What can you say about Bob Dylan that he hasn’t already told you? Every other musician has added to that glorious racket too. In fact, his profound effect on artistry is perhaps best summed up by none other than Paul McCartney, who poignantly proclaimed: “I could feel myself climbing a spiral walkway as I was talking to Dylan. I felt like I was figuring it all out, the meaning of life.”
In fact, McCartney even put down his mystic message in writing: “‘I’ve got it!’ and wrote down the key to it all on this piece of paper,” it all, on this occasion, being absolutely everything. “I told [Beatles roadie Mal Evans] ‘You keep this piece of paper, make sure you don’t lose it because the meaning of life is on there. Mal gave me the piece of paper the next day, and on it was written ‘There are seven levels.’ Well, there you go, the meaning of life…”
What does that mean? Nobody exactly knows, perhaps the marijuana had something to do with this spiralled assailing epiphany, but what is known for certain is that no matter how understated the equivalent rush may have been for the original vagabond, his mind was also being blown by McCartney. We have Dylan’s trusted word for that.
“I’m in awe of Paul McCartney. He’s about the only one that I am in awe of. But I’m in awe of him,” the usually reticent Dylan told Rolling Stone in 2007. “He can do it all and he’s never let up, you know,” that much is true as ‘Macca’ reaches his 80th Birthday (a year behind Bob) and he continues to inspire legions of fans. As Andrew Bird told us: “There are very few who are continuously obviously pushing themselves. Paul Simon can still pull out an amazing song and Paul McCartney is no different. There aren’t many people who make it that far and are still pushing themselves.”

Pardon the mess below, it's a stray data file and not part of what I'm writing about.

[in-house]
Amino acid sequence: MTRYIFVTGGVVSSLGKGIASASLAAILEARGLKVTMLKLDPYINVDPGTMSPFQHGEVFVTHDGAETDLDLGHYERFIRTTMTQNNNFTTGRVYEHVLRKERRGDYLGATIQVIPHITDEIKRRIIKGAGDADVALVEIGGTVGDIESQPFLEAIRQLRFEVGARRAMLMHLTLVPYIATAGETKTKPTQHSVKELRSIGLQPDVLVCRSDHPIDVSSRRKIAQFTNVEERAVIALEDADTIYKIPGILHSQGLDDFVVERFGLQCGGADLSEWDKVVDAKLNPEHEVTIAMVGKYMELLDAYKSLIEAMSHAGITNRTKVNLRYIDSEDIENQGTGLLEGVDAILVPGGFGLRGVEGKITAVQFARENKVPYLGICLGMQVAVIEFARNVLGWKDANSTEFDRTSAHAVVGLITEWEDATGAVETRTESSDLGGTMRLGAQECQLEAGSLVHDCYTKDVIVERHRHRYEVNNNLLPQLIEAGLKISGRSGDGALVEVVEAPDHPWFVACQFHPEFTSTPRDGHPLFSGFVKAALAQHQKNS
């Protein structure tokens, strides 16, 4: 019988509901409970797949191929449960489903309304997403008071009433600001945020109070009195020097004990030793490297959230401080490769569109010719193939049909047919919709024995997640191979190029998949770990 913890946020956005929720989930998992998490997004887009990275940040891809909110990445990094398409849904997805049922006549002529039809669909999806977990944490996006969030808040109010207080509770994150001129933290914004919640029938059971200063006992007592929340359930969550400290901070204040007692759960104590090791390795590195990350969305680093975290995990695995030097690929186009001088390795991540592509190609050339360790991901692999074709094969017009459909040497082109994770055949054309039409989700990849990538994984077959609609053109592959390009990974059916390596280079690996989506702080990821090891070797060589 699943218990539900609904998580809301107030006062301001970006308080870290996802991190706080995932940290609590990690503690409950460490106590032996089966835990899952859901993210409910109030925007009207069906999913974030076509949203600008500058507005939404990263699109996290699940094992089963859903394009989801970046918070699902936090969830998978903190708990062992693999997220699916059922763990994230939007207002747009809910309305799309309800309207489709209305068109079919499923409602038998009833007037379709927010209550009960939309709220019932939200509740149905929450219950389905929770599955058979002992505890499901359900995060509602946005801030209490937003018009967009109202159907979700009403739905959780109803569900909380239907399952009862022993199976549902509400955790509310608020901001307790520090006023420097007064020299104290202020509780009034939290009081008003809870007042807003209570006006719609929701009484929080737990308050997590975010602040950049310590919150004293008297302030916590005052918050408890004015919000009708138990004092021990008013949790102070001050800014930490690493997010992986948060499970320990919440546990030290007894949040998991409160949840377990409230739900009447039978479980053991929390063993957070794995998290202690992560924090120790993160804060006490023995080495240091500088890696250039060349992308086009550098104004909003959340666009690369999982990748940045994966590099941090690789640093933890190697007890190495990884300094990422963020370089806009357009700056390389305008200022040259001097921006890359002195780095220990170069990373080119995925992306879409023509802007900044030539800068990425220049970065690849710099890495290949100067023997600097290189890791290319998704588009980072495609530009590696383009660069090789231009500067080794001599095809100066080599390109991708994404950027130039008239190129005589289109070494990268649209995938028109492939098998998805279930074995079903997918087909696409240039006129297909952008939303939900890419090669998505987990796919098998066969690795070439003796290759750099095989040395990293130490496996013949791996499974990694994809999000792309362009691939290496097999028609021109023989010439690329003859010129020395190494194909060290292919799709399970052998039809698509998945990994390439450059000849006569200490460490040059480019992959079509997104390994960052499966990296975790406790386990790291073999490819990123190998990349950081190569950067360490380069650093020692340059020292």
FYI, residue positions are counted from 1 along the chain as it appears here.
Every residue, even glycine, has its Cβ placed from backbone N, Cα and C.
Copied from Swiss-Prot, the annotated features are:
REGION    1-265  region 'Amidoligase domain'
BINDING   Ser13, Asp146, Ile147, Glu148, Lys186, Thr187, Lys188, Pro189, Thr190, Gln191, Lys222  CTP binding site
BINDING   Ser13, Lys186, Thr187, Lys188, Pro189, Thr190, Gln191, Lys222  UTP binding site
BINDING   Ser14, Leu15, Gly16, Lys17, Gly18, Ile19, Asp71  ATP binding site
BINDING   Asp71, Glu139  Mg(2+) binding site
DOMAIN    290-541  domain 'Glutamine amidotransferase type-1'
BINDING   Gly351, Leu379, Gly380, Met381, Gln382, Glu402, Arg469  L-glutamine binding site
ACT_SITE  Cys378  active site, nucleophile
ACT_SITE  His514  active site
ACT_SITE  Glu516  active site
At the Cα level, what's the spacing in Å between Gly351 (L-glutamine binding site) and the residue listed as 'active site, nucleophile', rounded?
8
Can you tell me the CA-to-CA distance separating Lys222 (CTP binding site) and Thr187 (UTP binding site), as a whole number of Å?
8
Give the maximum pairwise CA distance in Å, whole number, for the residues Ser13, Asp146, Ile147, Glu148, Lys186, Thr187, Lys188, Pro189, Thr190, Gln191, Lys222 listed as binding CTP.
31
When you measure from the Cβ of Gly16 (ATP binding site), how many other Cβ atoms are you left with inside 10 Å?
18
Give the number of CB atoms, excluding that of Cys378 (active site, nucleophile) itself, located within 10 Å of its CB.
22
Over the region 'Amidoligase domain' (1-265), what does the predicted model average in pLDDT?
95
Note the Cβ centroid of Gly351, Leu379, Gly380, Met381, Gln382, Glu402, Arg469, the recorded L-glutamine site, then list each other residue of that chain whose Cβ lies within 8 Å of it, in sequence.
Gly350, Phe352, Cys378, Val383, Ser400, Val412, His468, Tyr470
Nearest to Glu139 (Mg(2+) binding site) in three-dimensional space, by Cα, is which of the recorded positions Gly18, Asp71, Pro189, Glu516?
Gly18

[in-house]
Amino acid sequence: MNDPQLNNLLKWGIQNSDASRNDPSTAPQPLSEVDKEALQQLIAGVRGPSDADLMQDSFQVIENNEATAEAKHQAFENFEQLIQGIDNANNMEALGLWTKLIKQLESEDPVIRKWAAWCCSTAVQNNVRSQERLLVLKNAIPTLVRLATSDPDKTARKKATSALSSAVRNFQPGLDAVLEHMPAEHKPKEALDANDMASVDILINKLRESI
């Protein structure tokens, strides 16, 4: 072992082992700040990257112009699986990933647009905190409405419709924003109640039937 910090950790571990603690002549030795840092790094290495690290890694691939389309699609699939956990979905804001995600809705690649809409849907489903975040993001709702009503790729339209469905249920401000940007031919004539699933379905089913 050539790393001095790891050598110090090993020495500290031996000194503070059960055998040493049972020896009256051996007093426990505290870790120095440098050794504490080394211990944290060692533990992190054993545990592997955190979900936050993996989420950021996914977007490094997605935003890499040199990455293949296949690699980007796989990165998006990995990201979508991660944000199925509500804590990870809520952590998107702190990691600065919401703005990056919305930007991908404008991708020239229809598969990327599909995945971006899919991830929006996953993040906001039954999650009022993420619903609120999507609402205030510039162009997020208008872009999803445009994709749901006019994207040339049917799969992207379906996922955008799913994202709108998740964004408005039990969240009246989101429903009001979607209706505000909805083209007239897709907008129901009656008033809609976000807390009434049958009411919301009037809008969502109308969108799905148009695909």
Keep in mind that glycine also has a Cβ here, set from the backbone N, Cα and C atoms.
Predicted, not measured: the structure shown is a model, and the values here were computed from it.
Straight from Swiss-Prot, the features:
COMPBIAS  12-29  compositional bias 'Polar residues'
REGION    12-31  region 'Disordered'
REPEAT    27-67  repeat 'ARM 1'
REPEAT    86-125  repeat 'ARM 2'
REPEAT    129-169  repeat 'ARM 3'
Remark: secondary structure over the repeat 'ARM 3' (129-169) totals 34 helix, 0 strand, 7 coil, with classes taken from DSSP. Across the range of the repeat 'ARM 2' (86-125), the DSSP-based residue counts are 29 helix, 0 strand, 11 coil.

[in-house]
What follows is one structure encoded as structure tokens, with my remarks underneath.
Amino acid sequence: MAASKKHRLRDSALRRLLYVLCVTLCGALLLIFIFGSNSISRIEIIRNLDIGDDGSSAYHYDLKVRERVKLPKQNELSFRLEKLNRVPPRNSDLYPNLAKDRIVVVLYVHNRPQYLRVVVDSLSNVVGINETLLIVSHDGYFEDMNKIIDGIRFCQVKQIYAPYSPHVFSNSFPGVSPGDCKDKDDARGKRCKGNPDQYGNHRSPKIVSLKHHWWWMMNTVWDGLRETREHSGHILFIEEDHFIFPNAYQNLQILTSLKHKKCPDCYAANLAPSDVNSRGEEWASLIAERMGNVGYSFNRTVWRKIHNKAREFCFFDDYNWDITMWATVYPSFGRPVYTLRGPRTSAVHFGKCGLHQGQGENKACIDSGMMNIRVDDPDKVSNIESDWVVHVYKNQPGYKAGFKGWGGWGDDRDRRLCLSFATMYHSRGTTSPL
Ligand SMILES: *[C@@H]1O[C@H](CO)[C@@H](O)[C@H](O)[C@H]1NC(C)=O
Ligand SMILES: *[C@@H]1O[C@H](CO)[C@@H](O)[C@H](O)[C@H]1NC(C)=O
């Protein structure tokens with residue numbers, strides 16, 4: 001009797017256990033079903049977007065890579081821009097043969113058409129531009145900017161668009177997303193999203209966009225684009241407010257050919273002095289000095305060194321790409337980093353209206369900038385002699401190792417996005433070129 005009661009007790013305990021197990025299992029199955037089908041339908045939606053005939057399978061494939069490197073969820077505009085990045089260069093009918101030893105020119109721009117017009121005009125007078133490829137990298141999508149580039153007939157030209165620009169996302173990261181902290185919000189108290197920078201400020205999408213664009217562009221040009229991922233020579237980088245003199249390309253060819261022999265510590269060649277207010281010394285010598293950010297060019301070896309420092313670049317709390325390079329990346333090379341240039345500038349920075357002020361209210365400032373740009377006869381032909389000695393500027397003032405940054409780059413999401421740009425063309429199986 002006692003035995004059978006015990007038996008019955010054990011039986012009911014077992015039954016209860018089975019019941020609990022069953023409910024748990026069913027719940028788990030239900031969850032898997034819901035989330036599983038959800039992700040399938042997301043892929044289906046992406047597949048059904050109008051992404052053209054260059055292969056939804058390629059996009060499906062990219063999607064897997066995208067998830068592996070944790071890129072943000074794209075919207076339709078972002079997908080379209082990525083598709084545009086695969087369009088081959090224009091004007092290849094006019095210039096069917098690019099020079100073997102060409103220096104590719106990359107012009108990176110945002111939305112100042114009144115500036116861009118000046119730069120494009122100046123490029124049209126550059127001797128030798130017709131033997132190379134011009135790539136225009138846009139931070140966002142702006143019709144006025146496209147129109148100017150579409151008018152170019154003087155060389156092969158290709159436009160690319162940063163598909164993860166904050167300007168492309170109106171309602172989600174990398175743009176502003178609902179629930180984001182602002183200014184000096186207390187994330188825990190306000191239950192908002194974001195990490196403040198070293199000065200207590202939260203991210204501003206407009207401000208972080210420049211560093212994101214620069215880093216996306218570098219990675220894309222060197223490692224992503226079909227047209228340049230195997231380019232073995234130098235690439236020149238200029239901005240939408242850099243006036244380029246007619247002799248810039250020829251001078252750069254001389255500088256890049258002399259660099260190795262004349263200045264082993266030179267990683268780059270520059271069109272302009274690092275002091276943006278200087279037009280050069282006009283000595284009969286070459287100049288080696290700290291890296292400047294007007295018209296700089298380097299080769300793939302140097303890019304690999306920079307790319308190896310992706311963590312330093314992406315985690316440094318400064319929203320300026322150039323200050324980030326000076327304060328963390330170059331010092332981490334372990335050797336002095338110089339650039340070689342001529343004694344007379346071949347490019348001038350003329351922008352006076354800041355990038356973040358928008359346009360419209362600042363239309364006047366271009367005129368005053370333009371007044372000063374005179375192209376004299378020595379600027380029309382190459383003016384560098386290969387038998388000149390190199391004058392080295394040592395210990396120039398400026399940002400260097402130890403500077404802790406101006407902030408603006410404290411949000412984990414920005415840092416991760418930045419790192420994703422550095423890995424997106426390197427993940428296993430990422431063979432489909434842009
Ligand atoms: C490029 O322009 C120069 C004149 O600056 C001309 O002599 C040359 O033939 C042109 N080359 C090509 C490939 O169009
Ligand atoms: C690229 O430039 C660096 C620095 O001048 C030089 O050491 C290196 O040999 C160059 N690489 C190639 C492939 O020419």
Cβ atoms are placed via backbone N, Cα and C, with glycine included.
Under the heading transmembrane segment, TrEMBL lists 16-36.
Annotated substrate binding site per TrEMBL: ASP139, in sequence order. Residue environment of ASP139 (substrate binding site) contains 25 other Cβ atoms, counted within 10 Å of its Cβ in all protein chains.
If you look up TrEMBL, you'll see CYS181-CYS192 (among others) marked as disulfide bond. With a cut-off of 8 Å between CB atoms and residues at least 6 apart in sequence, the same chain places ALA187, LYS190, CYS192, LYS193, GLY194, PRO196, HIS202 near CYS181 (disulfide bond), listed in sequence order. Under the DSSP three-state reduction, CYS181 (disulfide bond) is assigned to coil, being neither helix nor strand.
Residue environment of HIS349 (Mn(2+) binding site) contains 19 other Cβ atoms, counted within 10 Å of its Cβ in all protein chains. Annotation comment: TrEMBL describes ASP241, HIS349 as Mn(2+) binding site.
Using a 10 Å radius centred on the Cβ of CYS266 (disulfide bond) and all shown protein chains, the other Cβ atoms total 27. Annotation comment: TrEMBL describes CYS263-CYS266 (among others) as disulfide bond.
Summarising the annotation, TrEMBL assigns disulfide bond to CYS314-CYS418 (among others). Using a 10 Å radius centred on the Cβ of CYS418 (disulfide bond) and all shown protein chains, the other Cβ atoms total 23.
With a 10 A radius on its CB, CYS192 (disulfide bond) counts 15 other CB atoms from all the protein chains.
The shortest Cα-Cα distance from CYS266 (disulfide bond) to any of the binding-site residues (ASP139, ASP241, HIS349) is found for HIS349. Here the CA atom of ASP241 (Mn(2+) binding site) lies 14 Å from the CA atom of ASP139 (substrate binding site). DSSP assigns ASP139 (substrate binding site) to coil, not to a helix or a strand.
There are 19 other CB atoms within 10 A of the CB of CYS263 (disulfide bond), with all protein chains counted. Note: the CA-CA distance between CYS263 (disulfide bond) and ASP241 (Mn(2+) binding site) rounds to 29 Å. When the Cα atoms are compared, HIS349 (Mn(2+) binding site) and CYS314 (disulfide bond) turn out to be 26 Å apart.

McCartney continues to push the progressive envelope like a postman of hits, and as Dylan adds, there is nothing but amazing musicianship behind it. “He’s got the gift for melody; he’s got the rhythm,” Dylan continued. “He can play any instrument. He can scream and shout as good as anybody and he can sing the ballad as good as anybody, you know so… And his melodies are, you know, effortless.”
The folk troubadour concluded: “That’s what you have to be in awe… I’m in awe of him maybe just because he’s just so damn effortless. I mean I just wish he’d quit, you know? [Laughs] Just everything and anything that comes out of his mouth is just framed in a melody.”
That envy is mutual and no doubt a healthy driving force, as ‘Macca’ said of Dylan way back in 1966: “Dylan is a fantastic composer. At first, I didn’t understand. I used to lose his songs in the middle but then I realized it didn’t matter. You can get hung up on just two words of a Dylan lyric. ‘Jealous monk’ or ‘magic swirling ship’ are examples of the fantastic word combinations he uses. I could never write like that, and I envy him. He is a poet.”